Keep calm and network on: Startup funding during the coronavirus pandemic
Updated: May 3
In 2008, as the Global Financial crisis unfolded, I was a first time CEO/Founder attempting to raise funds. I had a front row seat, watching as funds dried up. Unfortunately, I had a personal stake as well. I remember reading Silicon Valley’s top VC, Sequoia’s directive to portfolio CEOs and have now read version 2.0: the coronavirus.
I think now what I thought then, “That’s great if you’re a Sequoia-funded portfolio company with millions in backing, but what does it mean for a pre-VC funded start-up?”
In 2008, I remember seed money drying up about 60 days after the first market tumble. CB Insights projects a 22% decrease in seed stage funding for 1Q20 due to the coronavirus.
In 2008, I decided to hunker down and wait it out. Now, I advise entrepreneurs to think about the new reality as a business opportunity. Can your product help hospitals? People or businesses affected by lockdown? If a detour in the business model is necessary to keep the business afloat – take it! Innovation does not stop during downturns, so hunkering down and waiting it out is not good enough. A few specific suggestions:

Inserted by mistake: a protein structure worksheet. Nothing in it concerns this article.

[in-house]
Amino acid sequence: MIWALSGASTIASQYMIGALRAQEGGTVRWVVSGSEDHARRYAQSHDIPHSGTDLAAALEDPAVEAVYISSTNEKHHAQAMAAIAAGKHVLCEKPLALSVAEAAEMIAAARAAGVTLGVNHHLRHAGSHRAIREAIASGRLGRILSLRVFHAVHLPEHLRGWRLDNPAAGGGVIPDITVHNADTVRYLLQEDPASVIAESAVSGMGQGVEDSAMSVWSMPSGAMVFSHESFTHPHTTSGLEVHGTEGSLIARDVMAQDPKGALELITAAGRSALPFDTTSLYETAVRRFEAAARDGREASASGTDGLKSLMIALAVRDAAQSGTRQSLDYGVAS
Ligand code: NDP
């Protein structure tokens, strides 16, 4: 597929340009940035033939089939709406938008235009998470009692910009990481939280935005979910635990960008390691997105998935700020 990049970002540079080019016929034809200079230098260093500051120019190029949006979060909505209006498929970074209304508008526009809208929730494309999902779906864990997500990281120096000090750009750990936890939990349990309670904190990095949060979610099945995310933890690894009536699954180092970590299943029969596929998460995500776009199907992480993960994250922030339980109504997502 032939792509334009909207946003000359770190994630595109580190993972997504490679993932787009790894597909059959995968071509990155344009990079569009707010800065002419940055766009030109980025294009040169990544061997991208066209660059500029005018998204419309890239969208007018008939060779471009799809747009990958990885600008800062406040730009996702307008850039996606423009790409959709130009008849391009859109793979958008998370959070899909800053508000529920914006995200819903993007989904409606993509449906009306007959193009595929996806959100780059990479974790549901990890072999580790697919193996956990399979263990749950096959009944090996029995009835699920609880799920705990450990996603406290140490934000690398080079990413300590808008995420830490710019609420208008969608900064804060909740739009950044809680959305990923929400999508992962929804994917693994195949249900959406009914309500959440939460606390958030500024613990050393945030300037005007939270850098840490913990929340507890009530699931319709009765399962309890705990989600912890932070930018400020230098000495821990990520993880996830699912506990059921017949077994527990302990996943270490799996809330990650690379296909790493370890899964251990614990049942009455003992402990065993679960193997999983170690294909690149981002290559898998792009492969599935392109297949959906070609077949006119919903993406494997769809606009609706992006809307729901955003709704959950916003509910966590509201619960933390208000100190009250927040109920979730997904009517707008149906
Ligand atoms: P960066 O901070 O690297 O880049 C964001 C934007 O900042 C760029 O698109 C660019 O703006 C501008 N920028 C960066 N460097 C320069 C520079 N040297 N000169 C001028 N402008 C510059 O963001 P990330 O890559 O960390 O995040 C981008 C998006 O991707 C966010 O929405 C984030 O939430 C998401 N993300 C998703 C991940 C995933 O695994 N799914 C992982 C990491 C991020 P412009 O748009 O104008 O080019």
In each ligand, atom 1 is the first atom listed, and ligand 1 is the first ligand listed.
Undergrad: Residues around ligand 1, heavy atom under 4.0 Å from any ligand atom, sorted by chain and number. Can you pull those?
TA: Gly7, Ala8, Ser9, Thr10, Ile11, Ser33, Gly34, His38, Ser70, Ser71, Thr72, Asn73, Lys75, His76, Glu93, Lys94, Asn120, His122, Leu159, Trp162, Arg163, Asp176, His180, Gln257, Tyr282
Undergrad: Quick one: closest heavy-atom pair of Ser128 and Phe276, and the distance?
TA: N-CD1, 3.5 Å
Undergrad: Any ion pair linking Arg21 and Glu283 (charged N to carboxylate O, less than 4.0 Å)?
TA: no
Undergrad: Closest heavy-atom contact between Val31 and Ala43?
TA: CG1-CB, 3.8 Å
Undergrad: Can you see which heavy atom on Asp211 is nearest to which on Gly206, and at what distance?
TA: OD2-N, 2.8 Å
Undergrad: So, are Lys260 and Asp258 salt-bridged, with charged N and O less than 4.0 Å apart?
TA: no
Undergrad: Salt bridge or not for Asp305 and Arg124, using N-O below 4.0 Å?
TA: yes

If your company can pivot and help with COVID-19 issues, use these sites to tap into grants:
https://aida.mitre.org/covid/ is the best aggregator of funding opportunities
https://c19hcc.org/ is for correct coronavirus information (useful if need facts to put in a proposal)
https://www.crowdcast.io/e/ts_sbir_howto/register is registration for AMA on April 16th at 3pm EST with Stacy Swider, Director of SBIR Center of Excellence, on How to Apply for an SBIR Grant
If you’re looking for funding/mentoring/connections, park yourself at an accelerator with seed funding in your industry.
Techstars gives up to $120K in funding along with deep industry connections from their corporate partners (blatant pitch for my program)
Techstars offers resources for entrepreneurs
The most important thing you can do right now is stay well. Keep your families and employees safe. Accept your inability to control events and work with what you have.